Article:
Jayden Elizondo, 5, gets his Covid-19 vaccine at one of St. John’s Well Child and Family Center mobile health clinics set up outside Helen Keller Elementary School in Los Angeles on Wednesday afternoon, March 16, 2022. Photo by Alisha Jucevic for CalMatters

From CalMatters’ justice reporter Nigel Duara:

Matthew M., a boy who turned 12 in foster care during the pandemic, was rightfully ordered to be vaccinated against COVID-19 over his mother’s religious- and health-related objections, a California state appeals court has ruled

The ruling, issued Monday in the 2nd Circuit Court of Appeal, upheld a juvenile court’s finding that Mattew’s mother could not intervene and stop the vaccination. 

  • Matthew M.’s mother: “This mechanism for altering my God-given body is the equivalent of a prohibited ‘unclean food’ that causes harm to my conscience. COVID-19 vaccines are to me unclean.” 

When he turned 12 in November 2021, the Los Angeles County Department of Children and Family Services ordered that Matthew be vaccinated. His mother objected, citing her religion’s opposition to the use of fetal cells in vaccine development, and called a minister as her witness. Vaccines actually are developed using fetal cell lines grown in a laboratory. 

  • Nichelle L. Blackwell, juvenile court referee: “There is no evidence that the vaccination that would be implemented for Matthew is one that’s using aborted fetal cells. It’s just a statement by some ordained minister. There’s no scientific evidence.”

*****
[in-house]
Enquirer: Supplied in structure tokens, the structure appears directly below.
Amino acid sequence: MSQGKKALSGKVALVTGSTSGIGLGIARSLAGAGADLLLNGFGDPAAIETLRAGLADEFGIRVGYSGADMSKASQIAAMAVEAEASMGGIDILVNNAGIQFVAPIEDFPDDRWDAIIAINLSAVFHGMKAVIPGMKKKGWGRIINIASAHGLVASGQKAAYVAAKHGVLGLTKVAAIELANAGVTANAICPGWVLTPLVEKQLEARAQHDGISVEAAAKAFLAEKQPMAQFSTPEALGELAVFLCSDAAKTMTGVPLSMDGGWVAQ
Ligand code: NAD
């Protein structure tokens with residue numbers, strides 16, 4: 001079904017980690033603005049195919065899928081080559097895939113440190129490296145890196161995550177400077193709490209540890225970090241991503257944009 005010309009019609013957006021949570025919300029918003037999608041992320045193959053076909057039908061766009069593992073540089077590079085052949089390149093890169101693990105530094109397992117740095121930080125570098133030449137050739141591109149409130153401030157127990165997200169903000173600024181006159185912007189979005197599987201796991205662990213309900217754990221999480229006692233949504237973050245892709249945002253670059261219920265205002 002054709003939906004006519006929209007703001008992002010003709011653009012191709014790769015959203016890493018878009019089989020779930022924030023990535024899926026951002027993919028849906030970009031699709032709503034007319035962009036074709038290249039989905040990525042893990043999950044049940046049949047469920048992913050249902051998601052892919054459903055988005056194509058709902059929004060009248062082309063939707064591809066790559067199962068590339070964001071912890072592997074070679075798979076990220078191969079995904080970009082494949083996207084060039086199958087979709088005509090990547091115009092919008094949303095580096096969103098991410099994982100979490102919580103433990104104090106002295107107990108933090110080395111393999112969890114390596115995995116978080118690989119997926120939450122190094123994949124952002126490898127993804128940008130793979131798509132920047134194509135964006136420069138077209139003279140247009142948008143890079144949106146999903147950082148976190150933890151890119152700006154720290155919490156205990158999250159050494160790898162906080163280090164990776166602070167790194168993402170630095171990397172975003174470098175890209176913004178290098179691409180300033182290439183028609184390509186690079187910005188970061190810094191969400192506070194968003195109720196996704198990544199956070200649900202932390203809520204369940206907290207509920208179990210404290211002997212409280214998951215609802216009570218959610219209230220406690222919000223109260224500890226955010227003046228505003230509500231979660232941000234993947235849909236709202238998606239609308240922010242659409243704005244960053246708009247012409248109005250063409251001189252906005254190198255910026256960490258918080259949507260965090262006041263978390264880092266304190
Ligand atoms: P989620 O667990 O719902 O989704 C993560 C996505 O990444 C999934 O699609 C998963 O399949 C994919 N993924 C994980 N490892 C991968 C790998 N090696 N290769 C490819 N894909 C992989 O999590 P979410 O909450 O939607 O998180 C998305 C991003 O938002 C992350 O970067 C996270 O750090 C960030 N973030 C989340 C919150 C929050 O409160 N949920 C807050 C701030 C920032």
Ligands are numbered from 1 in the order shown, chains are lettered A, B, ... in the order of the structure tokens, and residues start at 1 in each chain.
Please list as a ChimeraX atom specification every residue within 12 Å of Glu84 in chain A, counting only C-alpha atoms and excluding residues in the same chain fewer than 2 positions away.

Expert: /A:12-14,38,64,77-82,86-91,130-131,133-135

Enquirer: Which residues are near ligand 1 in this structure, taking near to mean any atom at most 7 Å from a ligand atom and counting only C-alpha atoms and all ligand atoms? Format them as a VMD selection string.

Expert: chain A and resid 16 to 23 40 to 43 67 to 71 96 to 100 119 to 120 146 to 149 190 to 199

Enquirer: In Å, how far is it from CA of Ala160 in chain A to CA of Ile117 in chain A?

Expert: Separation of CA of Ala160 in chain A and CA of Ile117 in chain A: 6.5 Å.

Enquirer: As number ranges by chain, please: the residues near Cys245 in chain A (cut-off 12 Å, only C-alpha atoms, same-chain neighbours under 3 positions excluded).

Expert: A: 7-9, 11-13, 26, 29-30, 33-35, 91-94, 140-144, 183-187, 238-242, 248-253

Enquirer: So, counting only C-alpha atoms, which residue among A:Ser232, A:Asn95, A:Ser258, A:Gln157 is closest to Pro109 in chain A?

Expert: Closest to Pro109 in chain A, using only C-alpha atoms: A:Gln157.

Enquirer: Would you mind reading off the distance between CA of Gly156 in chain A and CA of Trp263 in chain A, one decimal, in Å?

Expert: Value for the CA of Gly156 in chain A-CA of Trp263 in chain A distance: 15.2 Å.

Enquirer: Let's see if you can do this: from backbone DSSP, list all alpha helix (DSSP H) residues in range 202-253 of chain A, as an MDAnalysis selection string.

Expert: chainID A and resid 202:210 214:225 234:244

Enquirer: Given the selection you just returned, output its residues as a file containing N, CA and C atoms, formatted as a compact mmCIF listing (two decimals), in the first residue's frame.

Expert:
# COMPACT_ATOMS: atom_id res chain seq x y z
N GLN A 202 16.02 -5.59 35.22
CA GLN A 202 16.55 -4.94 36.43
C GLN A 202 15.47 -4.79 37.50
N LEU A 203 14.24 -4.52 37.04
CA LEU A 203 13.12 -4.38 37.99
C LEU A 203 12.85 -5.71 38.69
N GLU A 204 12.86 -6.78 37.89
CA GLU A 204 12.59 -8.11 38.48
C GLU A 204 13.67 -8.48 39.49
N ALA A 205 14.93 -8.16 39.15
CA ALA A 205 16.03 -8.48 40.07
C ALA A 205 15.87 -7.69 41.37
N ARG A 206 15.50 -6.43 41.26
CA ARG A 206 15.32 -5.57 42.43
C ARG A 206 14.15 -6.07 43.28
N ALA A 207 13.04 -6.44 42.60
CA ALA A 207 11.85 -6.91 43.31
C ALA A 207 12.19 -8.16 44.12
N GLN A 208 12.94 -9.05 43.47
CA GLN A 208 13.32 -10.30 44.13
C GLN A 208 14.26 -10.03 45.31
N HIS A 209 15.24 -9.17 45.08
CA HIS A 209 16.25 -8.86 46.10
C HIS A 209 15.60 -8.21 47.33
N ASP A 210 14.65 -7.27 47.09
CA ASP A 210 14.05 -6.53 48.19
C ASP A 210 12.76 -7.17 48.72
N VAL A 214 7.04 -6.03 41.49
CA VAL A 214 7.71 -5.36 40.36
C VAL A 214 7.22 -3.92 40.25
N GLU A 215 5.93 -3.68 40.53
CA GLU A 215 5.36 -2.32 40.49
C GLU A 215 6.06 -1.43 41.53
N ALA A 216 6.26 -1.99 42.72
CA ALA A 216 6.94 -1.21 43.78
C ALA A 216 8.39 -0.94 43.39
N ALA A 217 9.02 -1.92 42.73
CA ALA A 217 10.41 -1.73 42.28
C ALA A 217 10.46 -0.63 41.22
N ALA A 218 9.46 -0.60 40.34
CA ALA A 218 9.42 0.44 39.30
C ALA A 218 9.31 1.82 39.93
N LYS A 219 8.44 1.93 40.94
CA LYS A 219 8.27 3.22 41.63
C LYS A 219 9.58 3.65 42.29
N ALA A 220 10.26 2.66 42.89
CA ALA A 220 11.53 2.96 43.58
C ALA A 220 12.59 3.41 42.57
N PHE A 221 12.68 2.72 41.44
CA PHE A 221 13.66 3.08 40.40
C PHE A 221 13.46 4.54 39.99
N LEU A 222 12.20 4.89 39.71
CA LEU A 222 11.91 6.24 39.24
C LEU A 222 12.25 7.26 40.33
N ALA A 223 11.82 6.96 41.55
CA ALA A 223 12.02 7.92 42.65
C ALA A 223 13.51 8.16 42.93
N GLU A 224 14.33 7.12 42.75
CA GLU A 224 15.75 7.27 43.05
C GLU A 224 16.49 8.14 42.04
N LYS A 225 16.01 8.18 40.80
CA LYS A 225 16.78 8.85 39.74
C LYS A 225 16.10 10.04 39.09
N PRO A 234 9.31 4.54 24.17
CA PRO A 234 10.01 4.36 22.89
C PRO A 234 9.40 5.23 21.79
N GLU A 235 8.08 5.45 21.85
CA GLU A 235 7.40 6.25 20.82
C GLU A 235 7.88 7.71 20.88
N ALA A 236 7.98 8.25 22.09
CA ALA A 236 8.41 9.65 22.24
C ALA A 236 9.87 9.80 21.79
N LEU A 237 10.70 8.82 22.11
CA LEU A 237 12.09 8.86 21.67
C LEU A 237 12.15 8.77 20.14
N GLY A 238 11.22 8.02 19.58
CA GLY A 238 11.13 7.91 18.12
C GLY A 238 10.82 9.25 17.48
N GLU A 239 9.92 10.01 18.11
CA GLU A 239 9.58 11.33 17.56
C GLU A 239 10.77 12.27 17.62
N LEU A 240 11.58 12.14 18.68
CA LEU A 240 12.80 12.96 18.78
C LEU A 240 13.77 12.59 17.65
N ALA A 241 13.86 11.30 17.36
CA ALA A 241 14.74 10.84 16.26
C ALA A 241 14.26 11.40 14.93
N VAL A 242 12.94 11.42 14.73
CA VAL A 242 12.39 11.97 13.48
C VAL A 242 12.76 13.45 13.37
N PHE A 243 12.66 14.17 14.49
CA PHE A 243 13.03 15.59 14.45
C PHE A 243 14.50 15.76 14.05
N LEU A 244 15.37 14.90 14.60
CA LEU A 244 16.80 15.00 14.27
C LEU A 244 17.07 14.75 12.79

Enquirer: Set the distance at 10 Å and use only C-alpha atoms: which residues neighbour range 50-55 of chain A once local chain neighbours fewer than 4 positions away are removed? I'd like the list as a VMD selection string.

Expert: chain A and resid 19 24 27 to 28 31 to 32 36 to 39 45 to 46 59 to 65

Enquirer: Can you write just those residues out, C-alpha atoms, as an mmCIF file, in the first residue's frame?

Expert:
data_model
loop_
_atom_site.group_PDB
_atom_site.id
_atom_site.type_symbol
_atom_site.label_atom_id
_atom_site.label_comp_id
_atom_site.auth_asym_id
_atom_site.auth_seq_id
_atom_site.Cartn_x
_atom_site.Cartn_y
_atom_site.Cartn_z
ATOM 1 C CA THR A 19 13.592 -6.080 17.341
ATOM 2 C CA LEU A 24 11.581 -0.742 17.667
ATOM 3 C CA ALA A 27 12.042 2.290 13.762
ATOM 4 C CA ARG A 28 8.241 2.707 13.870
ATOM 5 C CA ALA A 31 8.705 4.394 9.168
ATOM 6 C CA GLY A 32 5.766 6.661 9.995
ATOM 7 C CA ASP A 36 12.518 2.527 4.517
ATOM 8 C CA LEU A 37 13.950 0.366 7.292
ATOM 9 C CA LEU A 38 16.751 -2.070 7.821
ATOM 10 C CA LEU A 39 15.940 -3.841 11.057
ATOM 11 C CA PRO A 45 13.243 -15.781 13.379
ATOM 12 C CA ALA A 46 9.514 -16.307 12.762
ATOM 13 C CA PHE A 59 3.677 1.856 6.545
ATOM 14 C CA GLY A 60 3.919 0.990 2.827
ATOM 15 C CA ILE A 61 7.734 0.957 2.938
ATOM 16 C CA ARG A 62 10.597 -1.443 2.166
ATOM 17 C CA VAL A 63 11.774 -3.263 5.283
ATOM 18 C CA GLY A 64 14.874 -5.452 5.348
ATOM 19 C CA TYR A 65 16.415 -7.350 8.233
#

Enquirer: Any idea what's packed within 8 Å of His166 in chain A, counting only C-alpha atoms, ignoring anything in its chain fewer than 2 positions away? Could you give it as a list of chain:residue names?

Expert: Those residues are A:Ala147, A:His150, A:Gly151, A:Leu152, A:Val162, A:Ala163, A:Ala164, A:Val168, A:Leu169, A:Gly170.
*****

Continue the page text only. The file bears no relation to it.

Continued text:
For the record: A recent Census Household Pulse Survey found that more than one in three Californians who fell behind on rent think it’s at least somewhat likely that they will have to leave their home in the next two months due to an eviction. Yesterday’s newsletter attributed the concern to a third of all Californians, based on a Public Policy Institute of California blog post that has since been corrected.

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CalMatters Commentary

Plane talk: Government subsidies for the dirty aviation industry need to be paired with accountability measures that protect communities harmed most by pollution, writes David Huerta, President of SEIU United Service Workers West.